• Resale of under construction property and transfer of allotment

Can a builder change conditions mentioned in the 1st Allotment letter of a property while transferring allotment to 2nd seller. 
case: 
say, X buys a property and allotment letter is issued to X. 
X sells it to Y before possession and registry to Y.
Now in this case builder will issue another allotment letter in the name of Y. Can Builder change the conditions in the allotment letter being issued to Y.
Pl. clarify
Asked 2 years ago in Property Law from Greater Noida, Uttar Pradesh
1) no registered sale deed has been entered into between builder and X 

2) in the event X sells property to Y it would need builder consent . 

3) builder can while giving consent  charge transfer charges but terms of allotment cannot be arbitrarily changed . 

4) refuse to accept changes in terms of allotment and seek refund of money paid  to X
Ajay Sethi
Advocate, Mumbai
23346 Answers
1221 Consultations
5.0 on 5.0
1. X has not yet bought the property but booked it and probably executed agreement of sale,

2. No sale deed has yet been executed and registered in his favour and he has got allotment letter only which states that a particular flat has been agreed to be sold to him,

3. The sale deed registered by X in favour of Y, even without taking possession of the  flat and without the consent of the builder is illegal,

4. In this case the proper procedure would have been to execute and register a sale deed between the builder and Y wherein X should have been made a Confirming Party detailing his involvement in the recital of the sale deed,

5. Strictly speaking, the matter has now become legally complicated since you have sold the flat to Y before it was sold to you by the builder, without his consent,

6. However, at this stage, make a rectification deed executed and registered wherein he agrees to transfer the allotment of the flat in favour of Y by taking transfer fee,

7. He can not change the condition of the allotment letter issued to Y.
Krishna Kishore Ganguly
Advocate, Kolkata
12131 Answers
233 Consultations
5.0 on 5.0
Hello,
The fact that you have got allotment letter would mean that you have just booked the flat and probably the agreement to sell has been enterd into with an MOU.
If this be the case the Builder will have to enter into a Registered Sale Agreement with Y to whom X has 'sold' the flat alloted to him for a monetary consideration.
Since it is a new agreement minor changes may be incorporated based on the understanding between the the builder and the new purchaser.
However the builder can not make any substantial changes in the allotment as you have agreed to transfer your allotment and the builder ought to honour the original allotmnt to you(X).
In fact it would have been wise to keep the builder in the loop and make the transaction with his approval.
S J Mathew
Advocate, Mumbai
1953 Answers
65 Consultations
5.0 on 5.0
1. Talk to the builder for not charging escalation cost,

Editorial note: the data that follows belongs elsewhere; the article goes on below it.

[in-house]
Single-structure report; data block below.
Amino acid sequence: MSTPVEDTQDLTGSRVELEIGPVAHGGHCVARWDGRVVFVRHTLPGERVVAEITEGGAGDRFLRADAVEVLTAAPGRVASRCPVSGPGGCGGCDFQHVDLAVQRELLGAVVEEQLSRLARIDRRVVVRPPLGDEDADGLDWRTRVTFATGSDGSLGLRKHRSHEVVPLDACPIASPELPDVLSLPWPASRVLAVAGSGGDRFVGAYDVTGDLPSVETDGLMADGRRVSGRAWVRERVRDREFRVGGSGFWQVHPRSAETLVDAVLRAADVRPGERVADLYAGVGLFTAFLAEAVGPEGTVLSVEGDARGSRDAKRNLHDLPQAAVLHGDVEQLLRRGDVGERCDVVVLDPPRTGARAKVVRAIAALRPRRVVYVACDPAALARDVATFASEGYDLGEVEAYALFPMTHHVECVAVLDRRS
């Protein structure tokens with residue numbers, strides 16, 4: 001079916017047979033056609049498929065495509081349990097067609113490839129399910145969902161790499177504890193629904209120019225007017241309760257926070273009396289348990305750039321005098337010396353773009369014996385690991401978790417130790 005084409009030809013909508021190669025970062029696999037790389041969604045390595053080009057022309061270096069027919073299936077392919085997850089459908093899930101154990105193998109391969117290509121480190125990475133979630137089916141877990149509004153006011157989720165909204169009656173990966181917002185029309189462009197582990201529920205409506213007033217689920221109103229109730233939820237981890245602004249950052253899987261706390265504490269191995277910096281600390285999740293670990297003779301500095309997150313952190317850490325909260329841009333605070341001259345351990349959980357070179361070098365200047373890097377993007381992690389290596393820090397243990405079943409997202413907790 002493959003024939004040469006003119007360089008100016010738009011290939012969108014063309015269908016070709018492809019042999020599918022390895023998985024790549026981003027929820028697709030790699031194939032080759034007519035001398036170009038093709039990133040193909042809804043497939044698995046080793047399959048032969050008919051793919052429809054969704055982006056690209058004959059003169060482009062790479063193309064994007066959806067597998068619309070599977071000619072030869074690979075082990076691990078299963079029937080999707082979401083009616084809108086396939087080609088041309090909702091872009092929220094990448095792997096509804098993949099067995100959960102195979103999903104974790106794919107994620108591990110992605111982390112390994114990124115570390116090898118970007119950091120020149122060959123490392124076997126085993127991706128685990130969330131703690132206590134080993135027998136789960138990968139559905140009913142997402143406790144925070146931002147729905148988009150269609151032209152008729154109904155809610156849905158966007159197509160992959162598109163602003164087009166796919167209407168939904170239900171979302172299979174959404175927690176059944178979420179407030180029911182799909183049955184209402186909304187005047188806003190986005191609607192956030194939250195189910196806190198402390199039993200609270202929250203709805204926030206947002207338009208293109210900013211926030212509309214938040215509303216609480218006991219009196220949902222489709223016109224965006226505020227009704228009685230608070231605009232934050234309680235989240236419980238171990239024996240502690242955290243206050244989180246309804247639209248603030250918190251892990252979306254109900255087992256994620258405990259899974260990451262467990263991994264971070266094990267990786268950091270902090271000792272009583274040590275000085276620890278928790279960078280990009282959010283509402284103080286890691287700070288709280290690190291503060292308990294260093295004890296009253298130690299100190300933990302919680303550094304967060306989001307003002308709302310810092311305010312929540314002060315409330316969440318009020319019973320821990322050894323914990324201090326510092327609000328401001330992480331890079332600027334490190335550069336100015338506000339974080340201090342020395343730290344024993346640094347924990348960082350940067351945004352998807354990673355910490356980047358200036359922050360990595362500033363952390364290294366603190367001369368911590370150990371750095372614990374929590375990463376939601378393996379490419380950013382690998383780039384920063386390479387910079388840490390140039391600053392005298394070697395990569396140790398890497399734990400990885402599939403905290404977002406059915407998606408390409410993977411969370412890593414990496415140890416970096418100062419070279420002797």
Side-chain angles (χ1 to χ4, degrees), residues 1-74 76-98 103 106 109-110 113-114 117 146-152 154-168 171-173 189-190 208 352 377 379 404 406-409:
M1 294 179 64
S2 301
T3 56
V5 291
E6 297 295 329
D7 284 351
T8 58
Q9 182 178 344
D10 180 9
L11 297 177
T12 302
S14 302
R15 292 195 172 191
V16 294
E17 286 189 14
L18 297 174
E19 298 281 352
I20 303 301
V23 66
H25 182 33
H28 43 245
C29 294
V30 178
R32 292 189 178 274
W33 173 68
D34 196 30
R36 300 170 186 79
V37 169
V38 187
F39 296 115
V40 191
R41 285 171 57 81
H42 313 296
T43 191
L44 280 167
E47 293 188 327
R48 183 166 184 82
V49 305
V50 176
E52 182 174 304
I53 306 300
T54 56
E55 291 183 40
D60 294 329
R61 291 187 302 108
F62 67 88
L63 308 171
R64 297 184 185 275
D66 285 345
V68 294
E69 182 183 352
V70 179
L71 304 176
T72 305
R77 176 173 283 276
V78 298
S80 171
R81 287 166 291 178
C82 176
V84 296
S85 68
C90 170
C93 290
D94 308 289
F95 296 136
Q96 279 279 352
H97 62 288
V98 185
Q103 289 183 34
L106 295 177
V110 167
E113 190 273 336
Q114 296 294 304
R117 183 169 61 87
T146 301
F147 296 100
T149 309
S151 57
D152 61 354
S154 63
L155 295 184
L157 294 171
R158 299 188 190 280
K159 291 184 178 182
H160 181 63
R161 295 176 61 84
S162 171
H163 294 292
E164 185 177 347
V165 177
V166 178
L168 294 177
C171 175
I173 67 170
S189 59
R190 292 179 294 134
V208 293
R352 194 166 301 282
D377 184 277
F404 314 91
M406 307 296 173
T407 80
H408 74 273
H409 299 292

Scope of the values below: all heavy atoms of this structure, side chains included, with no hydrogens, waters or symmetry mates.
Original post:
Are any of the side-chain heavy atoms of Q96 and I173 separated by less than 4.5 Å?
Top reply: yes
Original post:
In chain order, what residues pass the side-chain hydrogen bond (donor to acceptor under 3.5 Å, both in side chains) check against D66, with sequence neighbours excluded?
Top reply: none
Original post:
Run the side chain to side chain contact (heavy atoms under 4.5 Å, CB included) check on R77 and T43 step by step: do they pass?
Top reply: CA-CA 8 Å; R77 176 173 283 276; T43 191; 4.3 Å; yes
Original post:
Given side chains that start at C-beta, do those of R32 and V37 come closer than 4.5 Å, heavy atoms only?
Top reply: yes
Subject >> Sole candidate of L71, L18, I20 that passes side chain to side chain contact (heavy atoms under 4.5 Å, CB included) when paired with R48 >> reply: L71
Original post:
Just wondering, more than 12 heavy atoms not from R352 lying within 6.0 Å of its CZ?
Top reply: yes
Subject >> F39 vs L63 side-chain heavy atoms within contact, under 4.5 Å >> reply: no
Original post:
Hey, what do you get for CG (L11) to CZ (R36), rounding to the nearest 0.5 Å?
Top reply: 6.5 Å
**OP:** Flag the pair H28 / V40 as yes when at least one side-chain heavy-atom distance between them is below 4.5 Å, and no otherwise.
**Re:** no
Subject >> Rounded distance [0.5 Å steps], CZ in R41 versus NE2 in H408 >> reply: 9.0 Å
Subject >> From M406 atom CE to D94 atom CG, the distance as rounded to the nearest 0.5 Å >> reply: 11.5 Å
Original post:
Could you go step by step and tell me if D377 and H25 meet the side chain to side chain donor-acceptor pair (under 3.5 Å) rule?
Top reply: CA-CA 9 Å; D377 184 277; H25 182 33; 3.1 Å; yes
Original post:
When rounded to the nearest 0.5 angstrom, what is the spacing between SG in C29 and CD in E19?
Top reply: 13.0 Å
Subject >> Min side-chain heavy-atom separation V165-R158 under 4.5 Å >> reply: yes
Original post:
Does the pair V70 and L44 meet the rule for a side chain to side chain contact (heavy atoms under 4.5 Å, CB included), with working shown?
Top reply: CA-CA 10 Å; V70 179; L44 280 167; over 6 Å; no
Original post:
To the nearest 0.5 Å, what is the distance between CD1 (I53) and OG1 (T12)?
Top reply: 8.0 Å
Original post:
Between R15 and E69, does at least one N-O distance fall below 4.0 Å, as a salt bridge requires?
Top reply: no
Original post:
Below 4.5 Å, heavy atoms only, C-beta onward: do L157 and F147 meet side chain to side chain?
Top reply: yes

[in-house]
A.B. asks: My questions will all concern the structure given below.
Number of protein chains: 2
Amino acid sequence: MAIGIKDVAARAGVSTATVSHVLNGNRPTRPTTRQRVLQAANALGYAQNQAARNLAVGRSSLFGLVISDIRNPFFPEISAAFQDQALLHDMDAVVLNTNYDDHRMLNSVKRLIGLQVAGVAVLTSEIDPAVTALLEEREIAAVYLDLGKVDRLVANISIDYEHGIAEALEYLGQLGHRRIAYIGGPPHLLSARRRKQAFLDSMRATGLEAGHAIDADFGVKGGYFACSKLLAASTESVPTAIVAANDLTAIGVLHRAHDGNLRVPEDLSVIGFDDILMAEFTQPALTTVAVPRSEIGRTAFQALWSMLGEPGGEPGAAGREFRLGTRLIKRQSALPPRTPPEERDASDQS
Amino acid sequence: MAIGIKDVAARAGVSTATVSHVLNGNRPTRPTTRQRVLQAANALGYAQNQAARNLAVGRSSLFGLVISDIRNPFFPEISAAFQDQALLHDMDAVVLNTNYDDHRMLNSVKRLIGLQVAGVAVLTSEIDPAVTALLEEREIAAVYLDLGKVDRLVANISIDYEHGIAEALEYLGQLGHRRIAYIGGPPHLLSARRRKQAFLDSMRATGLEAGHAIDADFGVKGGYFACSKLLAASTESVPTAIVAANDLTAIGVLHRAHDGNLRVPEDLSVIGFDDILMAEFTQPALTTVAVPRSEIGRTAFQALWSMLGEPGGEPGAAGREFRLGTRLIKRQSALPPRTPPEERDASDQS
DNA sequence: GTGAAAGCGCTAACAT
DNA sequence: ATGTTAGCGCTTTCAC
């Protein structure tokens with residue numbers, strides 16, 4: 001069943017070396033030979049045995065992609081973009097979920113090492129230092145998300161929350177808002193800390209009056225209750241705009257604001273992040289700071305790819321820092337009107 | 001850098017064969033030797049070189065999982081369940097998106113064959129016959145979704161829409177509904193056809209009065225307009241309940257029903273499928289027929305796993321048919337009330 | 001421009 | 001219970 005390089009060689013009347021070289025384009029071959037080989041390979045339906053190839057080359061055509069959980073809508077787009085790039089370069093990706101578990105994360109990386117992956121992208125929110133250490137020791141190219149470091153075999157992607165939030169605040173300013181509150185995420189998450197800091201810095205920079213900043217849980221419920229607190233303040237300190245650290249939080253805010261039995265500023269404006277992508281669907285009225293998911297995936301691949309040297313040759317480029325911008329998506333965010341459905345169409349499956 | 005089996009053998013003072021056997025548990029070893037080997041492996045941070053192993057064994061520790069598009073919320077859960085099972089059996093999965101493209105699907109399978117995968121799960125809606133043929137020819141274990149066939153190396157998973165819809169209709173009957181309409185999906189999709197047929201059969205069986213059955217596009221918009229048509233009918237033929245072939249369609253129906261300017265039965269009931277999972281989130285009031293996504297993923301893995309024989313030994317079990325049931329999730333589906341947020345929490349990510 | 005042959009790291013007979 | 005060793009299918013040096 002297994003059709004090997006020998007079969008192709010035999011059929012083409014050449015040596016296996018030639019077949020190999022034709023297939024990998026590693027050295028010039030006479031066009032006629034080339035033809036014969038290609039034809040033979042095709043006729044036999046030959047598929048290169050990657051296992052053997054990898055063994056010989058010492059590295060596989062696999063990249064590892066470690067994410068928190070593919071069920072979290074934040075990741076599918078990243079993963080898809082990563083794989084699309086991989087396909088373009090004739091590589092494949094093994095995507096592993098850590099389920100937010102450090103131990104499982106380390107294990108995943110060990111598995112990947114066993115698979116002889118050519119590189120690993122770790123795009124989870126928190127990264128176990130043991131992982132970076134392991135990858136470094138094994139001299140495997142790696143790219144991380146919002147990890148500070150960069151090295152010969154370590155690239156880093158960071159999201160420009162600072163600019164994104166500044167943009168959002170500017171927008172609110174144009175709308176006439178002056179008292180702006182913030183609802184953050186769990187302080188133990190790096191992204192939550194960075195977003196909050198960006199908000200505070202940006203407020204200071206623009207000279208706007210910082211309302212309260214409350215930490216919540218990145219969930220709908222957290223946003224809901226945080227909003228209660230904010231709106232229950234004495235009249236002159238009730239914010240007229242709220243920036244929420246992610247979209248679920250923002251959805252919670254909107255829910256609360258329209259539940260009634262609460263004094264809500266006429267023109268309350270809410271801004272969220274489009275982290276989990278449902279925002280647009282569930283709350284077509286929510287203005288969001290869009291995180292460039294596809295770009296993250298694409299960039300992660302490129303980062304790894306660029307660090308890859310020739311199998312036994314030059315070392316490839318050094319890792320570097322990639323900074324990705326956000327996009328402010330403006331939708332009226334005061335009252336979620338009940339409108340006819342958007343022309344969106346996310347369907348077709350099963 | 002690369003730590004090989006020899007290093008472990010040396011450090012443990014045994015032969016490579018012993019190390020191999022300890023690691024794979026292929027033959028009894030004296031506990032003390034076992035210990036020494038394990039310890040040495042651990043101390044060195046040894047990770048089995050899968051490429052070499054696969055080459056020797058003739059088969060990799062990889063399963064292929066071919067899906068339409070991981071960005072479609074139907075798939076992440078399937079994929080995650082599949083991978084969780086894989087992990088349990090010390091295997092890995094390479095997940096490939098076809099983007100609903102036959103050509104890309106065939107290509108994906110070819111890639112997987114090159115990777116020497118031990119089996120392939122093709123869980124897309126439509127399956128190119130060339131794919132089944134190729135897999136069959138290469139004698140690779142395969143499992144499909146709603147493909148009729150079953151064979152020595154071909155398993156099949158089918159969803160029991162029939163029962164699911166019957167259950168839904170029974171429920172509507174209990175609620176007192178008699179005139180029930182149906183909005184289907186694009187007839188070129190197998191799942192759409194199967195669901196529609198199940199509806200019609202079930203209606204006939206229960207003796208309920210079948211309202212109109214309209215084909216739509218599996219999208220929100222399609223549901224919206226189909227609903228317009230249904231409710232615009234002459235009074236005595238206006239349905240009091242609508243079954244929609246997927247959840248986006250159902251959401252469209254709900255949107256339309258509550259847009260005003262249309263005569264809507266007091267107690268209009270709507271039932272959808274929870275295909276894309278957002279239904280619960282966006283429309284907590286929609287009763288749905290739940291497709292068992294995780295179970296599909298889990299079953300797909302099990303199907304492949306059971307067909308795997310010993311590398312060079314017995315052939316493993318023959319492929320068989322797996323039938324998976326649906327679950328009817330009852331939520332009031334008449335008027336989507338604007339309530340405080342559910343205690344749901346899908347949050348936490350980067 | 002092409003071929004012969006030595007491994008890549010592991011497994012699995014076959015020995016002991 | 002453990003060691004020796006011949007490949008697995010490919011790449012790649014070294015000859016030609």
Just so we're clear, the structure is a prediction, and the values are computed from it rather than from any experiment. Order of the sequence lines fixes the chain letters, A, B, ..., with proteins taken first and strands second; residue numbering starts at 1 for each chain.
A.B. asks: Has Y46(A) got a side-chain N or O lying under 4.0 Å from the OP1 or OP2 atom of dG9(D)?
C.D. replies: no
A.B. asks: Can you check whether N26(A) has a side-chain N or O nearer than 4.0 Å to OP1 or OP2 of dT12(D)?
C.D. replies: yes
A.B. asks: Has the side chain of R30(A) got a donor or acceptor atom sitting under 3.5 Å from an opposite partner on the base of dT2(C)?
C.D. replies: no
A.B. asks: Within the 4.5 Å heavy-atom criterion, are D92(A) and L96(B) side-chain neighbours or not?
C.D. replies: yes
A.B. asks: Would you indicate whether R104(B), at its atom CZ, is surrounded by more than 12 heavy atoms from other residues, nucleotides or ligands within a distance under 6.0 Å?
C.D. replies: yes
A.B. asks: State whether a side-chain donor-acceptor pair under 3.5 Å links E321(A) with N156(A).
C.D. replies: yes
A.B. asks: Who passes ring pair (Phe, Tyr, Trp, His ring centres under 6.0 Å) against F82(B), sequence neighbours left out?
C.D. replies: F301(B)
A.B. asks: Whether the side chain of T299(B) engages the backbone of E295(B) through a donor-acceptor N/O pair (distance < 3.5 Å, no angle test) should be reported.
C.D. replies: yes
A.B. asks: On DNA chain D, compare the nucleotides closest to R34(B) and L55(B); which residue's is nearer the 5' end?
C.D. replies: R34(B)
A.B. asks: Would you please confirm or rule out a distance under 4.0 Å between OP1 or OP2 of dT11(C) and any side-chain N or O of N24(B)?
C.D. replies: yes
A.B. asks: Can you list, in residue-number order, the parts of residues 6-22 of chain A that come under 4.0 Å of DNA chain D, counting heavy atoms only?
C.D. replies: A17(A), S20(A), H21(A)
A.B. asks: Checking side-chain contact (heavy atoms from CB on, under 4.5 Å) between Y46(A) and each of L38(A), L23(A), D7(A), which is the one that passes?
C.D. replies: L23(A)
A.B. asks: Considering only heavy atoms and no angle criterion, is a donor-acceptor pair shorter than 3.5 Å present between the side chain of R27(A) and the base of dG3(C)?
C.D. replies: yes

2. accept it if Y does not have to pay anything extra unreasonably since it does not matter if the builder can save on penalty,

3. If his proposal is not accepted, he should go to Court.
Krishna Kishore Ganguly
Advocate, Kolkata
12131 Answers
233 Consultations
5.0 on 5.0
1)if material changes have been made in terms of allotment dont accept   the conditions . 

2) you had agreed to purchase flat on basis that possession would be delivered on due date . further if there has been increase in costs dont agree to it . 

3)contact a local lawyer .
Ajay Sethi
Advocate, Mumbai
23346 Answers
1221 Consultations
5.0 on 5.0
if new conditions suit Y then he can accept it otherwise Y must knock the doors of court.
R.K. Nanda
Advocate, New Delhi
457 Answers
0 Consultations
3.8 on 5.0
Hello,
Y is not obligated to accept the changes the builder has incorporated as the Sale deed has been executed and transfer process has been executed in consent with the builder from X 
The builder ought to have given possession as stipulated in the original allotment letter.
You can certainly take the builder to the court and seek compensation if you are compelled to abide by the new terms and conditions.Engage a lawyer locally to guide and assist you.
S J Mathew
Advocate, Mumbai
1953 Answers
65 Consultations
5.0 on 5.0
1) From the given facts, it looks the builder is trying to be smart. You can disagree to the changes he is looking for in the allotment letter i.e. change on possession date, escalation cost and many others. 


2) What should Y do. Accept or not accept or go to court against the builder

He should not accept the new conditions. Placing him in your shoes will help you understand the situation.
Deepak Tiwari
Advocate, New Delhi
40 Answers
8 Consultations
4.7 on 5.0
Yes you you have kept in agreement that it can be registered to any one whom you mentions
Jeshma Mohandas KP
Advocate, Kozhikode
567 Answers
1 Consultations
3.5 on 5.0
1) terms of contract signed by builder with allottee are sacrosanct